Researchers Link More Gene Variants to Celiac Disease
Several single-nucleotide polymorphisms identified with association to disease predisposition
WEDNESDAY, March 26 (HealthDay News) -- Several single-nucleotide polymorphisms (SNPs) are newly associated with celiac disease, pinpointing novel determinants of predisposition to the disease, researchers report in the March issue of Gastroenterology.
Ainara Castellanos-Rubio from Hospital de Cruces in Barakaldo-Bizkaia, Spain, and colleagues genotyped 361 SNPs from 71 genes that had been linked to celiac disease by strict functional and positional criteria in 262 celiac disease patients and 214 controls.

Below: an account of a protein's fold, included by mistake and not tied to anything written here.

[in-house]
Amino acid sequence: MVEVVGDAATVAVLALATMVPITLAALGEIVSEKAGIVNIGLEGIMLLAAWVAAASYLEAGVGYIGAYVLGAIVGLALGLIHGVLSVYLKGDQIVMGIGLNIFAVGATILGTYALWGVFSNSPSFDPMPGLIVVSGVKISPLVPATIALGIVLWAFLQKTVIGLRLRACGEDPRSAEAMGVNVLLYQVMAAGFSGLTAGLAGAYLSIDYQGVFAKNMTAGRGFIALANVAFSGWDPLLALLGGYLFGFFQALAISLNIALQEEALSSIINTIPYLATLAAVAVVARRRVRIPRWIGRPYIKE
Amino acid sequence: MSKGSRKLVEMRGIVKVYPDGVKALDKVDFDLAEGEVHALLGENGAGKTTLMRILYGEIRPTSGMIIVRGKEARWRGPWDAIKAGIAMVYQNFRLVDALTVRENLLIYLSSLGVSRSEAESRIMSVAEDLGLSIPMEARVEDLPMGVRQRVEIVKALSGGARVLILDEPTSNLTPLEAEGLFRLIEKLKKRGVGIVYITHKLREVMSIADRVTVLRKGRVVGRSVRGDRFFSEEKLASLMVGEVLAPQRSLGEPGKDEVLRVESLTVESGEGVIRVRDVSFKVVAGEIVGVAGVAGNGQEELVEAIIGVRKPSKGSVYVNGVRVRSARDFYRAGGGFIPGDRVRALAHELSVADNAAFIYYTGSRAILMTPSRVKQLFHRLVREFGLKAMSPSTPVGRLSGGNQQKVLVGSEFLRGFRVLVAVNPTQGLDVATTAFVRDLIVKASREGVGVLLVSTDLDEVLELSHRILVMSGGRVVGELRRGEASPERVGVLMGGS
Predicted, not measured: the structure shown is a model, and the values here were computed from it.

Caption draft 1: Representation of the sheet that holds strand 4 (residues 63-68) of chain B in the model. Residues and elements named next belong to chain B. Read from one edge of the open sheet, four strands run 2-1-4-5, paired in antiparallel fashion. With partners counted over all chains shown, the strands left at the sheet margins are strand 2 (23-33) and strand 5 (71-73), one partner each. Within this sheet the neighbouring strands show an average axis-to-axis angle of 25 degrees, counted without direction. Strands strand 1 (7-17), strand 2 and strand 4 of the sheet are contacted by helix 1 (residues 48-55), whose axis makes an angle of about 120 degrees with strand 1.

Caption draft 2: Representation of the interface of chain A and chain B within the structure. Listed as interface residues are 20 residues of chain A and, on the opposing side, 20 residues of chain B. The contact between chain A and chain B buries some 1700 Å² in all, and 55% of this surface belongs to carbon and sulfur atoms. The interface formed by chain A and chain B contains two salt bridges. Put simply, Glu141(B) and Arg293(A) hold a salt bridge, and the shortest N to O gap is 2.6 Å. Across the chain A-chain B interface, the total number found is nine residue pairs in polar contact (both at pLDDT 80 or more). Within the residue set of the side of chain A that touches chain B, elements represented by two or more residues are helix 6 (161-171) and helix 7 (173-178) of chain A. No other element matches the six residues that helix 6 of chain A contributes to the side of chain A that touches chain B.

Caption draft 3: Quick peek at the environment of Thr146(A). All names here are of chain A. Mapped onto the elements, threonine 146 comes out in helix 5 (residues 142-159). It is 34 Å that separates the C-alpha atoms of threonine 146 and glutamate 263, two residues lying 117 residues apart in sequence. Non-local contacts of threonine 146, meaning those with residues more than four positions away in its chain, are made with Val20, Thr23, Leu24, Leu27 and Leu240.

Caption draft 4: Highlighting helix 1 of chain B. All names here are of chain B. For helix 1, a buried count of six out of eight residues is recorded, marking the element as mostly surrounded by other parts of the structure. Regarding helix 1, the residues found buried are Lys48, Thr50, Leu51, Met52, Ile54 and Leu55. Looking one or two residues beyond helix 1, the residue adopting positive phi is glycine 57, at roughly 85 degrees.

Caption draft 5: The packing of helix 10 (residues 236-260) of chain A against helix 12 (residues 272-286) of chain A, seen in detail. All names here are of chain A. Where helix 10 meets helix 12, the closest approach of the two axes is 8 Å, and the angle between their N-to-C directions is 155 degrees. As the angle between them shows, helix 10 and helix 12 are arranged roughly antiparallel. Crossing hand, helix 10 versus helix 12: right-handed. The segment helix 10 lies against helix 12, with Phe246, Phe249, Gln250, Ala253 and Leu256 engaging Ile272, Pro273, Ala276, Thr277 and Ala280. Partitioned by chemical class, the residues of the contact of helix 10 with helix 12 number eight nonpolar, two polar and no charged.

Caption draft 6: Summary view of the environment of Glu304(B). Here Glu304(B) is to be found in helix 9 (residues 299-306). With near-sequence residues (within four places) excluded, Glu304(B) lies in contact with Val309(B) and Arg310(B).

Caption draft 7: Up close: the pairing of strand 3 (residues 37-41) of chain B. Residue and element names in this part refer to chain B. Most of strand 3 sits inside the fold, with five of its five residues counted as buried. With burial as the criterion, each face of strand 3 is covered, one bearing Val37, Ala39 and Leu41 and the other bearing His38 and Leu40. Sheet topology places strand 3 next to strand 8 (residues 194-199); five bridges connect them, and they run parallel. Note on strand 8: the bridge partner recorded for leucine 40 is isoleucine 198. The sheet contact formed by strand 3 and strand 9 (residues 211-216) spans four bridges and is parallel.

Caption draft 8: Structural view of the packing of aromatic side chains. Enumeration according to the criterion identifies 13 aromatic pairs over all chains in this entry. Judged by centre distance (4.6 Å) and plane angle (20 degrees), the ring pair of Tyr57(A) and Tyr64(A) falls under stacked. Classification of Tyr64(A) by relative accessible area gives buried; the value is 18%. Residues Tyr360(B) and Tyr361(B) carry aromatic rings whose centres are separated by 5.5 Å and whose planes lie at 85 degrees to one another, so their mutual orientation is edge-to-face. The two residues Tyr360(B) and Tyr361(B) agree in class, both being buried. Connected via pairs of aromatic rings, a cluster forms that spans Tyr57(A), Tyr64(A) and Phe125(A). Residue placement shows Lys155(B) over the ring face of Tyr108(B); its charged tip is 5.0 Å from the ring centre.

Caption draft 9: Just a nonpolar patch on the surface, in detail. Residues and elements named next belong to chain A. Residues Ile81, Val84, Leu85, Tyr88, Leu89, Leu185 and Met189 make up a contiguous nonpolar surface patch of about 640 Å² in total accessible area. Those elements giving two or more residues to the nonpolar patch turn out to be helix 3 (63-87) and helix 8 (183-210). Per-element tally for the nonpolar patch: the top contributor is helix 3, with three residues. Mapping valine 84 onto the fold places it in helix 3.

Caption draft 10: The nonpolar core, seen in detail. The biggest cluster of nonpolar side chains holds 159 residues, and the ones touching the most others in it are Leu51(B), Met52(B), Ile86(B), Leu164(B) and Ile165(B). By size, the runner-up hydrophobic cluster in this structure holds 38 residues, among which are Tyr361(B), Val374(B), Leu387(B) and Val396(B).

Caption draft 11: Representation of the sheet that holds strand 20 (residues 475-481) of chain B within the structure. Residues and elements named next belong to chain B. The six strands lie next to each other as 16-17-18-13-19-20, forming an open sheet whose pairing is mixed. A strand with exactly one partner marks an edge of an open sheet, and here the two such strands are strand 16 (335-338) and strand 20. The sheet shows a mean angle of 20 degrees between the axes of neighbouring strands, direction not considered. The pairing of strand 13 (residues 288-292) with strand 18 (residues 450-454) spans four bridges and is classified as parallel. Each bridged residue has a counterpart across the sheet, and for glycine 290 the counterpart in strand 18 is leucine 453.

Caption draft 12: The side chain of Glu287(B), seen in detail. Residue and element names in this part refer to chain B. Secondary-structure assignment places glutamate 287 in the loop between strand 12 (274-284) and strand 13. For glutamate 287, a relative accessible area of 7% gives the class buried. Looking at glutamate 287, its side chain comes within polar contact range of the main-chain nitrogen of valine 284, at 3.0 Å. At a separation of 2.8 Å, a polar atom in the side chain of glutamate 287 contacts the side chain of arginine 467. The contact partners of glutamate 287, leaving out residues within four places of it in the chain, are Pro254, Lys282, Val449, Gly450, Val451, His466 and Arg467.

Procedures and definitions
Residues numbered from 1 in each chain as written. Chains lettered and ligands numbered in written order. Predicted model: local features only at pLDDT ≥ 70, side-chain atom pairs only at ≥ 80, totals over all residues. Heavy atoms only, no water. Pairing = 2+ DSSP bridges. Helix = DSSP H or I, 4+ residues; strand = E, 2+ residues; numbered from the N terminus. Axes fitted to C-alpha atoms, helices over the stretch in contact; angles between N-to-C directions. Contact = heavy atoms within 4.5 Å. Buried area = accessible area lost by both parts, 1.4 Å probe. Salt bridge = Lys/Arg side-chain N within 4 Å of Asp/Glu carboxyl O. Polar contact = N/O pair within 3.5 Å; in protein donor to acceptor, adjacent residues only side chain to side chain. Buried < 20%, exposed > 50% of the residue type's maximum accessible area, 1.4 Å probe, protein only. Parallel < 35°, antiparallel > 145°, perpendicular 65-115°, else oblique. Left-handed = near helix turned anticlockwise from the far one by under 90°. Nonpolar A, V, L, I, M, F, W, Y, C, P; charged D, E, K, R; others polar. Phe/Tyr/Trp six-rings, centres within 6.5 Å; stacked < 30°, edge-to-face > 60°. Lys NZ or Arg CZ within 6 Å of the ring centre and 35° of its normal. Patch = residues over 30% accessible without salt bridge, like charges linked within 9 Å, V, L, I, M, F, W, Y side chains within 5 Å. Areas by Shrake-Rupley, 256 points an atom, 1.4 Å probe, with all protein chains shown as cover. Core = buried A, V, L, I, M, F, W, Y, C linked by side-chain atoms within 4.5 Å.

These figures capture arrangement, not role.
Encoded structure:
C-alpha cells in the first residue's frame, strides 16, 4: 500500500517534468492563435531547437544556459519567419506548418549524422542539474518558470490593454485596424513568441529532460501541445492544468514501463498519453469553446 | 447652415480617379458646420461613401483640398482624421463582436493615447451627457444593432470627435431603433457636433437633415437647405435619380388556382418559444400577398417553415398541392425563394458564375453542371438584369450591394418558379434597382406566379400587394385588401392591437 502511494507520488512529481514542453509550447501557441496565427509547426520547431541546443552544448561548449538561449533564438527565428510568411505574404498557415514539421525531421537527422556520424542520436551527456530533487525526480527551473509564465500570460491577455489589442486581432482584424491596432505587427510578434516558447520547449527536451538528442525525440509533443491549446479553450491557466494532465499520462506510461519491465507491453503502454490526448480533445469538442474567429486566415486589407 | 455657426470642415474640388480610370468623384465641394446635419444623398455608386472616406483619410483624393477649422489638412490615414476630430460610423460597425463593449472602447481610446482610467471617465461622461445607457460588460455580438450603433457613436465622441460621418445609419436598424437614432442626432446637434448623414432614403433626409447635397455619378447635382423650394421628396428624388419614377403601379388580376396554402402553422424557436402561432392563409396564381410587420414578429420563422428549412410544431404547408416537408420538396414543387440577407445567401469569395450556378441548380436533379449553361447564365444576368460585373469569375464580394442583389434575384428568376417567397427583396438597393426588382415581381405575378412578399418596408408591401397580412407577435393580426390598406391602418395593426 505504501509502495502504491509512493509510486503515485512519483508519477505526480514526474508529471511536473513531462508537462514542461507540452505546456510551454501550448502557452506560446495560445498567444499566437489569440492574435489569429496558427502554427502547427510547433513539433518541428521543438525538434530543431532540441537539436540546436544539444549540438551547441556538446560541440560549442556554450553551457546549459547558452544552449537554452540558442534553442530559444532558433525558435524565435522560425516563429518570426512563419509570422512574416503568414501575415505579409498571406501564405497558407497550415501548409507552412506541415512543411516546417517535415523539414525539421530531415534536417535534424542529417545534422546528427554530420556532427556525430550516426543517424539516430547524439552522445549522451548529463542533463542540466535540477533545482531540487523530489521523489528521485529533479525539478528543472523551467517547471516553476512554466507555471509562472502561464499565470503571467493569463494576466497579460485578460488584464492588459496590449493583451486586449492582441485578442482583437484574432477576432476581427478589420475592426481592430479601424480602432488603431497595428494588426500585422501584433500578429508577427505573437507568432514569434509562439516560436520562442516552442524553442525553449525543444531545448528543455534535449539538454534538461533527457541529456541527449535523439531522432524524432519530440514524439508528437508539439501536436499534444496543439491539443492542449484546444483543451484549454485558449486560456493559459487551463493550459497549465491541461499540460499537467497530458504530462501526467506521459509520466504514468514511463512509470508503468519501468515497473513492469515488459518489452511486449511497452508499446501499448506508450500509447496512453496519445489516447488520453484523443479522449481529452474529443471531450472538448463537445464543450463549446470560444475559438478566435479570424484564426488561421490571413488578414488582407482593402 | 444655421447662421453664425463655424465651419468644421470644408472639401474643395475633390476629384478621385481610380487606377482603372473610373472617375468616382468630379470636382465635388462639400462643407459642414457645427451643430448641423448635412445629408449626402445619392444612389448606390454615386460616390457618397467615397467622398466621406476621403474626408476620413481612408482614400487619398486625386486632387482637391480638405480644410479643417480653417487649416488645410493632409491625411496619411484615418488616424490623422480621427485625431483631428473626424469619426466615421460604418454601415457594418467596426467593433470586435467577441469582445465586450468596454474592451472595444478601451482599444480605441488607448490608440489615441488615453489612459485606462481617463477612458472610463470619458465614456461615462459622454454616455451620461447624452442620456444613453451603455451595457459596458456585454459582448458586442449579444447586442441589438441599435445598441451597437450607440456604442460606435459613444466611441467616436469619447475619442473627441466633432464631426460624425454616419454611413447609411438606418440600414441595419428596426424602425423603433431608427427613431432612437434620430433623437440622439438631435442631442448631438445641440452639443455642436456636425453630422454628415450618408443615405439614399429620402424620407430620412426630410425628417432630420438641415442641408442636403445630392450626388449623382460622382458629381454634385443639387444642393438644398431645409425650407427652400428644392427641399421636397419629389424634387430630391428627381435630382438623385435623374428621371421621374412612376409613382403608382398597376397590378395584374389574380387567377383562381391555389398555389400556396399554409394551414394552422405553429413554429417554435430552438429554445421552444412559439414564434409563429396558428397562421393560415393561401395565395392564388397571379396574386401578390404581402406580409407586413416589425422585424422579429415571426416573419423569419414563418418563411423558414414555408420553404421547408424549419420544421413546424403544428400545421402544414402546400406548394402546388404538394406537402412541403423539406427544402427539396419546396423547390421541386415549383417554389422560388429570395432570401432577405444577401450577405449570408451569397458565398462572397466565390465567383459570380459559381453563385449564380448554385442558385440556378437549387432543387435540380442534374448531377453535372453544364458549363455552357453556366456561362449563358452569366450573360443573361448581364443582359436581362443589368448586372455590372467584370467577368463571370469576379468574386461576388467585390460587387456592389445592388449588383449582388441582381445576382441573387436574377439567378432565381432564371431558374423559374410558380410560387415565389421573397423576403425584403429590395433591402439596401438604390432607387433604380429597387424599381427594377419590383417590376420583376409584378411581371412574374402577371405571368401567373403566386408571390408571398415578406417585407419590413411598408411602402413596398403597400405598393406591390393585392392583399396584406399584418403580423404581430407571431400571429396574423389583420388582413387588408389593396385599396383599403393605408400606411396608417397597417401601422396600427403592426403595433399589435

The researchers found a significant association between celiac disease and several SNPs, some of which were located in previously identified linkage regions including SERPINE2 in 2q33, and PBX3 or PPP6C in 9q34. The researchers found the most significant SNPs were rs6747096, rs7040561 and rs458046.
"Are the genes they identified really involved in the pathogenesis of celiac disease? This is far from clear," Ludvig M. Sollid, M.D., from the University of Oslo and Rikshopitalet University Hospital in Oslo, Norway, writes in an accompanying editorial. "A concern underlying this study is the lack of replication in an independent cohort of patients and controls."